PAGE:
Following a digital-only approach for the past two seasons, the return of in-person shows at New York Fashion Week marks the resumption of a near-normal schedule for the first time since the onset of the pandemic, and designers are clearly loving it.
Day three of New York Fashion Week was filled with energetic shows and creative collections, as a number of big-name designers returned to the catwalk with live audiences.
After 18 months away from an audience-led runway, Kors returned in style with a sassy collection that leant on the 1950s, but freshly reimagined.
Opening with Kendall Jenner walking the runway in a sleek, high-waisted pencil skirt and bra top, more slick silhouettes arrived as Bardot tops over fitted pencil skirts, as well as pedal pushers under shrunken cardigans. Fitted and feminine, rather than being pastiche thanks to Kors's clever eye, the collection instead felt updated, with higher waists and thick, patent belts.
White lace came in the form of pretty full skirts, and caramel leather was laser-cut into a perforated knee-length skirt sure to catch the eye of every well-dressed New Yorker. As a designer, Kors knows exactly what his clients want, and with this outing, he upped the ante.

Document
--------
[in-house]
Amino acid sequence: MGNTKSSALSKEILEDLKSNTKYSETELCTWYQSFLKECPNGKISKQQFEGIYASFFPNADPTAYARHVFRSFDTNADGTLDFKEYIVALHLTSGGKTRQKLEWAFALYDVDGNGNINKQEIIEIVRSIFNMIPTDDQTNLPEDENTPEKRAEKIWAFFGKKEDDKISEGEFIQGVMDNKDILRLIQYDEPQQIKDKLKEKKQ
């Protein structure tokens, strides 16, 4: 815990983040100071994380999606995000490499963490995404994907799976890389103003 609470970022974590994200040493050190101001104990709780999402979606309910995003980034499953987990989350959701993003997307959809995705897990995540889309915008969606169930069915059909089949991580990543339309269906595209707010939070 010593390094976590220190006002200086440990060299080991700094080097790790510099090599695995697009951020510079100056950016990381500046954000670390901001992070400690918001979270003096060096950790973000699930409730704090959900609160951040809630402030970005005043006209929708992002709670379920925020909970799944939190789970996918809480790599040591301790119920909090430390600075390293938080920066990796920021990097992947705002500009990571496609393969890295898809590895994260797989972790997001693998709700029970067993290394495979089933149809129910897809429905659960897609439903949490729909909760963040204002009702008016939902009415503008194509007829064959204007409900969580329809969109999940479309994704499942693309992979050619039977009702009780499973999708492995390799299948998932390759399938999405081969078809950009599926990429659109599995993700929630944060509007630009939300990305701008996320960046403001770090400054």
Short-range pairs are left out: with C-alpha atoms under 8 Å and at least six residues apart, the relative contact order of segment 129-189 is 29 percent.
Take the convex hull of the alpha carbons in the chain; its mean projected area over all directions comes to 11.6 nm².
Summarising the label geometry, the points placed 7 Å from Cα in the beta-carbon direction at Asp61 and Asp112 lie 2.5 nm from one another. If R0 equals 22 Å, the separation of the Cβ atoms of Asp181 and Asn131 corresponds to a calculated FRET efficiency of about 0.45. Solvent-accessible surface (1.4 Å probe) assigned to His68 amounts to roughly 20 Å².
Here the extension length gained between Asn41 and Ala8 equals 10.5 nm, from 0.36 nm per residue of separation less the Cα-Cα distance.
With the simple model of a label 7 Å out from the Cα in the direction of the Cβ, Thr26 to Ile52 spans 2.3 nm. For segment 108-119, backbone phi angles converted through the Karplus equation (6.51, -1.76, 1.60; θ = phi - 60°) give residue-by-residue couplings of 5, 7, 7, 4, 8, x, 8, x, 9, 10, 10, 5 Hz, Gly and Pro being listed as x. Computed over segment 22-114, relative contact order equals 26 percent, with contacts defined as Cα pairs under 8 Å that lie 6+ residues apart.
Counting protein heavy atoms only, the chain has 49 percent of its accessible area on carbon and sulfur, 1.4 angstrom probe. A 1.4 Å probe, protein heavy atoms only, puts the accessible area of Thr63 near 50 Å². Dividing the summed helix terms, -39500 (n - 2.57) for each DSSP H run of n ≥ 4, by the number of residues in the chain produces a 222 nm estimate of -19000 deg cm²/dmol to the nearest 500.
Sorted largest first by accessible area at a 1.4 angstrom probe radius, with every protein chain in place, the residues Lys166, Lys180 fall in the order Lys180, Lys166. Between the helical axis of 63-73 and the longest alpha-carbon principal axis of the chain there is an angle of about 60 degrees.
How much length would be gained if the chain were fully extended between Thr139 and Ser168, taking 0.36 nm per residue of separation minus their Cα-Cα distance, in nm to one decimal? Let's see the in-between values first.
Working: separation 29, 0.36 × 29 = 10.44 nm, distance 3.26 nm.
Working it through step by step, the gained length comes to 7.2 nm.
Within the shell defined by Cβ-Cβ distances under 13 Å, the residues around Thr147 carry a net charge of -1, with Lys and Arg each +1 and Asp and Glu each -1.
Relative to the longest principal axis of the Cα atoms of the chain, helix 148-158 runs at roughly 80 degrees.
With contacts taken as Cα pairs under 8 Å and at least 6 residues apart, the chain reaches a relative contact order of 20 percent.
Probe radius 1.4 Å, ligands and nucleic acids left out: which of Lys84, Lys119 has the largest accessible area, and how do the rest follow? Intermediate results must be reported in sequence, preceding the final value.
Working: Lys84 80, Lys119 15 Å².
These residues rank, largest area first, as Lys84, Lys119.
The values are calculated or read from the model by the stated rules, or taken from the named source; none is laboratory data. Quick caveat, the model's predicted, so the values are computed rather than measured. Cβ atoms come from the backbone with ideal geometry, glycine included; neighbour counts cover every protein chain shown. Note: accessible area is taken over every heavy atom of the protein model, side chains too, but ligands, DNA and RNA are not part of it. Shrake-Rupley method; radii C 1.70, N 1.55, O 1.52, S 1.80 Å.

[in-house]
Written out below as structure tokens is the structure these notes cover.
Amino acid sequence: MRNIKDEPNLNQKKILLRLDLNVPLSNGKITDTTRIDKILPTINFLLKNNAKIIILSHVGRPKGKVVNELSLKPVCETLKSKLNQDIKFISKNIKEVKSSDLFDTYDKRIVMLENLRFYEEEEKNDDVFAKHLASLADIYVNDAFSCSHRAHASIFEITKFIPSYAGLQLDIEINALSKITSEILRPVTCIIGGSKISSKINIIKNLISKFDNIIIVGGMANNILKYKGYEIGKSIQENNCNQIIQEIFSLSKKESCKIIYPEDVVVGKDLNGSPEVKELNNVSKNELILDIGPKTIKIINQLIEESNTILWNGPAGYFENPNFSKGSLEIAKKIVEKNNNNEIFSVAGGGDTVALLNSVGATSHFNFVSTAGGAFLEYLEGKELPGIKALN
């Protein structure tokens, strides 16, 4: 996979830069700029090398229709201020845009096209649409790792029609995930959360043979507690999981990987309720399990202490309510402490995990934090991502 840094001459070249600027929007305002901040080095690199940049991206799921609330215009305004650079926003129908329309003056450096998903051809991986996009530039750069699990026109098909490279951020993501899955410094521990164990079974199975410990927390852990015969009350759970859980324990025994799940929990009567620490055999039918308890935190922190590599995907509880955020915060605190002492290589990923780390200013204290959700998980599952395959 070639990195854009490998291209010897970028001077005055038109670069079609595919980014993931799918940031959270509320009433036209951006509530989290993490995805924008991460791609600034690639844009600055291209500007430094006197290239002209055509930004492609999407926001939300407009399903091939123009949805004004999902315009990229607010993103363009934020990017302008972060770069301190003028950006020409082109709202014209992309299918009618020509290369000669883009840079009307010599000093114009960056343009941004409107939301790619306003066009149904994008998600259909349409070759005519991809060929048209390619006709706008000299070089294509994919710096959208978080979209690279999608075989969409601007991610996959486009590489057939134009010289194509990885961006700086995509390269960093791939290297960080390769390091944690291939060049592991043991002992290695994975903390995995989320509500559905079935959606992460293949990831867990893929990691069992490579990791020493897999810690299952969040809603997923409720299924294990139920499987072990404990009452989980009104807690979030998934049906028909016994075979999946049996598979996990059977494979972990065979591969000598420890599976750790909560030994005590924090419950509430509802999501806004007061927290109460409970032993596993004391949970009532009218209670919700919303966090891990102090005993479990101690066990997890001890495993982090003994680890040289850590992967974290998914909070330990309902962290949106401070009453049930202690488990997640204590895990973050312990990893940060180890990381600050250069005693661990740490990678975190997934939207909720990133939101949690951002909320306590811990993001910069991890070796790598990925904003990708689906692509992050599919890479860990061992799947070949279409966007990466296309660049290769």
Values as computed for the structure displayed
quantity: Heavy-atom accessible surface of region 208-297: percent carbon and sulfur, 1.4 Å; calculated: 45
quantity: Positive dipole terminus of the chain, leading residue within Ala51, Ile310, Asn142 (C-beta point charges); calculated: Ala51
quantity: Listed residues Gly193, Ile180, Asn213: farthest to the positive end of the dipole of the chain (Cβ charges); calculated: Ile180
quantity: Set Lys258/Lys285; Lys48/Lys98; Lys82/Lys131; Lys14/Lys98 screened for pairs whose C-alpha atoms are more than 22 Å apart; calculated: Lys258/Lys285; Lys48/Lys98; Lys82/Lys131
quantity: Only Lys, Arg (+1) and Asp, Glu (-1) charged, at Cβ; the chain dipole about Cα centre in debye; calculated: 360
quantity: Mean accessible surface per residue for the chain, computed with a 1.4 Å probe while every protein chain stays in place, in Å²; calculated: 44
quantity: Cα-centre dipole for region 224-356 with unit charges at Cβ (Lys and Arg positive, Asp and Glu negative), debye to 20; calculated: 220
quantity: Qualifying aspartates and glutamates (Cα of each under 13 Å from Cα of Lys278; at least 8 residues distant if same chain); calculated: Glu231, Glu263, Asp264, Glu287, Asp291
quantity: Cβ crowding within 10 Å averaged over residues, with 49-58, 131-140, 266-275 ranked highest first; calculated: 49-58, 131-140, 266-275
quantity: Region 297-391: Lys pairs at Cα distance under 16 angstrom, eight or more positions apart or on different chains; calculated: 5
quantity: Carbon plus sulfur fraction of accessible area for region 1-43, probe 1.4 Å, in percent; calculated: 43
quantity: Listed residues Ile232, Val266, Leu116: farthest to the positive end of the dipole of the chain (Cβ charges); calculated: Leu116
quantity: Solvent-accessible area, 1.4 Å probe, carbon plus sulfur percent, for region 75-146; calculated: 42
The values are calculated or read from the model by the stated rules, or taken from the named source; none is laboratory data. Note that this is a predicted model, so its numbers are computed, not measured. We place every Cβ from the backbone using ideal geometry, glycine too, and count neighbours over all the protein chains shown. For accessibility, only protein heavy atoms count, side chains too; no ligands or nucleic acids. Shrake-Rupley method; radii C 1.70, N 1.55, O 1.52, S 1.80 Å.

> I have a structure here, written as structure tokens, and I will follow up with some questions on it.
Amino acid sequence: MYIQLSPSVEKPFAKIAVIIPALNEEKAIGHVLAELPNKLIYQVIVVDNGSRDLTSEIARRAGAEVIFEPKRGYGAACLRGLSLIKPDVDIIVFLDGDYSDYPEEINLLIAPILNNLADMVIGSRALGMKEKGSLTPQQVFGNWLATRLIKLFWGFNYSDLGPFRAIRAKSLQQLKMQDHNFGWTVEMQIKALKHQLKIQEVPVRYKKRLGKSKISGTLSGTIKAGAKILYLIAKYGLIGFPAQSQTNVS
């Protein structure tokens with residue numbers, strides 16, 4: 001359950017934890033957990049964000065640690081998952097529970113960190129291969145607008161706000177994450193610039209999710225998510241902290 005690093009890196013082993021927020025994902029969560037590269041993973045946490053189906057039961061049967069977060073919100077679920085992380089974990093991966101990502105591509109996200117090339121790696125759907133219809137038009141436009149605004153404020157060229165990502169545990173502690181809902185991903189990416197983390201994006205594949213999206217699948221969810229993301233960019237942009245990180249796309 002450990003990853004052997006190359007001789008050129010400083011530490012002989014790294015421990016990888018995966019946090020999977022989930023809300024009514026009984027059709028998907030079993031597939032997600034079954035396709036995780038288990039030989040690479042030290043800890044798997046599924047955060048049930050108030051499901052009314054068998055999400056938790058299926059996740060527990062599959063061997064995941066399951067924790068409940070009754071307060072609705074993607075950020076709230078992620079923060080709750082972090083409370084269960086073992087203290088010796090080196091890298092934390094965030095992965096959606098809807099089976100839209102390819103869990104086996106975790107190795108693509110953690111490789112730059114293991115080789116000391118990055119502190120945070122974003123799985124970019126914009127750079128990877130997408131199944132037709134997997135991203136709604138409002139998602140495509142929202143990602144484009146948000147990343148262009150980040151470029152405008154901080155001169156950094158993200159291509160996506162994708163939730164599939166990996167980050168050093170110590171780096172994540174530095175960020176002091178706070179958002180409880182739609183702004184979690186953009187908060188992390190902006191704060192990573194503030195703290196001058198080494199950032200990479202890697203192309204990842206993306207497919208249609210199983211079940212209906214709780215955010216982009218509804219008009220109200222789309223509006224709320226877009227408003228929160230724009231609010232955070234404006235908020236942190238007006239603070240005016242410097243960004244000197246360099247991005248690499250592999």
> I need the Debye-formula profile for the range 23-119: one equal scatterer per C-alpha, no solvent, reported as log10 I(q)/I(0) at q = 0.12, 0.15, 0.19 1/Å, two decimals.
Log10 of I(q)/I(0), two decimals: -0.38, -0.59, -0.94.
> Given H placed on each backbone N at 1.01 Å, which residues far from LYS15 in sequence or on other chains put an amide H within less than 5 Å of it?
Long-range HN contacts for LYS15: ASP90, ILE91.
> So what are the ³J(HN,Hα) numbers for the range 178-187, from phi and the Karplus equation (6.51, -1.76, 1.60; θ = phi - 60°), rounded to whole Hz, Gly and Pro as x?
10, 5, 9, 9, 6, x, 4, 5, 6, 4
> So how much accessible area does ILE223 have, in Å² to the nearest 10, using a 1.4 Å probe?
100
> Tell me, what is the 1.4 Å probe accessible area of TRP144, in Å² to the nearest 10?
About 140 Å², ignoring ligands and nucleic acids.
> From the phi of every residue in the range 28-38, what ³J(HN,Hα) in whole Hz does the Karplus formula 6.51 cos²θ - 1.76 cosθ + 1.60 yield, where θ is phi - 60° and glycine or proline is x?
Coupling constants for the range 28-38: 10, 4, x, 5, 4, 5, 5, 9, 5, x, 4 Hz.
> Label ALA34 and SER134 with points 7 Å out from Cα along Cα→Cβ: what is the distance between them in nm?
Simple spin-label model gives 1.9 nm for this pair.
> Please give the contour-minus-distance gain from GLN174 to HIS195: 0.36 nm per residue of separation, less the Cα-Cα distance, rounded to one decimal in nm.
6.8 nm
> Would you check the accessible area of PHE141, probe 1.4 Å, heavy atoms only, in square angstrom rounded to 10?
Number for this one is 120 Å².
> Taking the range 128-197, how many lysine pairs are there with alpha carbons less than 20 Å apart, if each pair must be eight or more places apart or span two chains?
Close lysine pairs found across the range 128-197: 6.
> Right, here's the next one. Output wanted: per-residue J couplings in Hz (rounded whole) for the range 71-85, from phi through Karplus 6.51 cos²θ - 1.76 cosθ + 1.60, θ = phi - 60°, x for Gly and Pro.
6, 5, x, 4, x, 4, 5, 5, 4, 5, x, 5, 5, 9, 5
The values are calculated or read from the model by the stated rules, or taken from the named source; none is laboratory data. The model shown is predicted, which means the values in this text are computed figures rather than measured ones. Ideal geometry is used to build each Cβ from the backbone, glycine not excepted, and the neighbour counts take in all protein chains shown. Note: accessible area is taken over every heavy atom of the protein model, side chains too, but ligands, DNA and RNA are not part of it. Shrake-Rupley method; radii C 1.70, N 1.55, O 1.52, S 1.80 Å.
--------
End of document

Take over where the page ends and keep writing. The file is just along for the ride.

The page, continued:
Delivered as an ode to the street style of New York, the Coach show was a merry skip through graphic T-shirts mixed with checked pencil skirts and thrift store-inspired mini dresses.
Filled with bold patterns and colours – think turquoise hounds tooth and raspberry hooded capes – this was young and carefree.
Throwing out rigid dress codes, this was a joyful miss-match of leather culottes, bra tops and even trompe-l'oeil tops and dresses, all worn with high-top boots.
While looking every inch as if they had arrived by skateboard, the models still managed to carry delicate, structured bags, in a display of New Yorker multitasking at its best.
This stylist-turned-designer has made a name for delivering serious red carpet looks. So imagine the surprise when, in the new post-pandemic show, Maxwell sent out a collection dazzling with colour and pattern.
The shift feels authentic, and brims with a sense of fun. Think rugby stripes of emerald and gold as a bandeau dress, and a spaghetti strap dress patterned with pink and orange psychedelic swirls. More arty patterning arrived as a low rise tailored trousers worn with a matching bra top and shirt, while more orange and pink swept down the runway as a hooded parka worn over a micro dress.